Move on: The Next Great Migration

A history of migration opens eyes even if it doesn’t do what it says on the cover

The Next Great Migration is a misleading title. Nowhere in more than 300 pages does Sonia Shah – an insightful and entertaining science writer who produced 2016’s Pandemic – draw a practical conclusion about the future of migration. If that’s what you’re looking for, look elsewhere.

Fans of history, sociology and anthropology, however – this one is for you. Shah’s passion for learning and stories shines through as she documents the history of migration from some of our earliest ancestors – even animals.
Beneath this lies a profound purpose. Written by a member of one of the first Indian families to legally immigrate to the US, The Next Great Migration is ultimately about the critical value of movement and diversity to our society and planet. Shah’s account of how bias among the media, politicians and scientists promotes fear and misinformation is flawless. In the best way, it feels like a doctoral thesis.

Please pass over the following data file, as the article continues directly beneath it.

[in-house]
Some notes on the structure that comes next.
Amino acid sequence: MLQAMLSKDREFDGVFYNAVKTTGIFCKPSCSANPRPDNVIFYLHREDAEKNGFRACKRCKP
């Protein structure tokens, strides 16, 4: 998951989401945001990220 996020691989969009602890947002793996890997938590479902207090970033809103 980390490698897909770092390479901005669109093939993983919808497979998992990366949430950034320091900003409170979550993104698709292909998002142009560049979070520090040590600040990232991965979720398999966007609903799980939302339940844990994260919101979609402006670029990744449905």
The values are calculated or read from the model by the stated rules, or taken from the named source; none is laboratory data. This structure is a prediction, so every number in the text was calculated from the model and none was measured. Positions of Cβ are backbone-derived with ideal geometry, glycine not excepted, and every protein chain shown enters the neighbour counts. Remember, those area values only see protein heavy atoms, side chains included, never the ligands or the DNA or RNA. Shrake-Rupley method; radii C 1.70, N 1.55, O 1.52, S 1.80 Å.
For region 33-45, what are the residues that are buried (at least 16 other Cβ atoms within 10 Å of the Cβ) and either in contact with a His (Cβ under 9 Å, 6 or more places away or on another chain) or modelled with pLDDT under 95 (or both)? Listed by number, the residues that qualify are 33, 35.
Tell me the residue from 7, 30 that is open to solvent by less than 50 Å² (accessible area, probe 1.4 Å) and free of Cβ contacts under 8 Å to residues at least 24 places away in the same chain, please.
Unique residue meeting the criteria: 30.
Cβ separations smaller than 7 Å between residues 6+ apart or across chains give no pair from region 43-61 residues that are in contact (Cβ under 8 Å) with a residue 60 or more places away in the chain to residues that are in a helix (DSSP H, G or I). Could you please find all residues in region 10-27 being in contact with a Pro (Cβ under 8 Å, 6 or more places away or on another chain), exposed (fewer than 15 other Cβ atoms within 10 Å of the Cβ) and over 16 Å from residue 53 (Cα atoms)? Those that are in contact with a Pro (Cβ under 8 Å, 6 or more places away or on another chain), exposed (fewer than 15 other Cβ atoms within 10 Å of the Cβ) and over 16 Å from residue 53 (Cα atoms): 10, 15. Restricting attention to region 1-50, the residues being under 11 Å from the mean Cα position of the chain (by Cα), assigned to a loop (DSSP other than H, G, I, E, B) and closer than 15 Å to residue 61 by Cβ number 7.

The book’s real strength is the compassionate case it makes for better treatment of migrants, illuminating their plight and allaying common fears. In one especially eloquent passage, Shah argues that human migration is not the cause of, but the solution to social instability and climate change. It’s almost worth reading the book for this alone.

It is difficult to say at whom this book is really aimed. Despite its clickbait title, The Next Great Migration is unlikely to catch the attention of people who don’t understand the attraction of a ‘multicultural’ community.

Ultimately – unfortunately – that may not matter. This is a book about the value of unencumbered migration in a borderless world, published during a global pandemic that has halted travel across the globe. It’s horrific timing and it will likely limit this book’s audience. That would be a pity. This is a book with an essential message, and it’s well said.

––– Kirsten Levermore is digital editor of Dialogue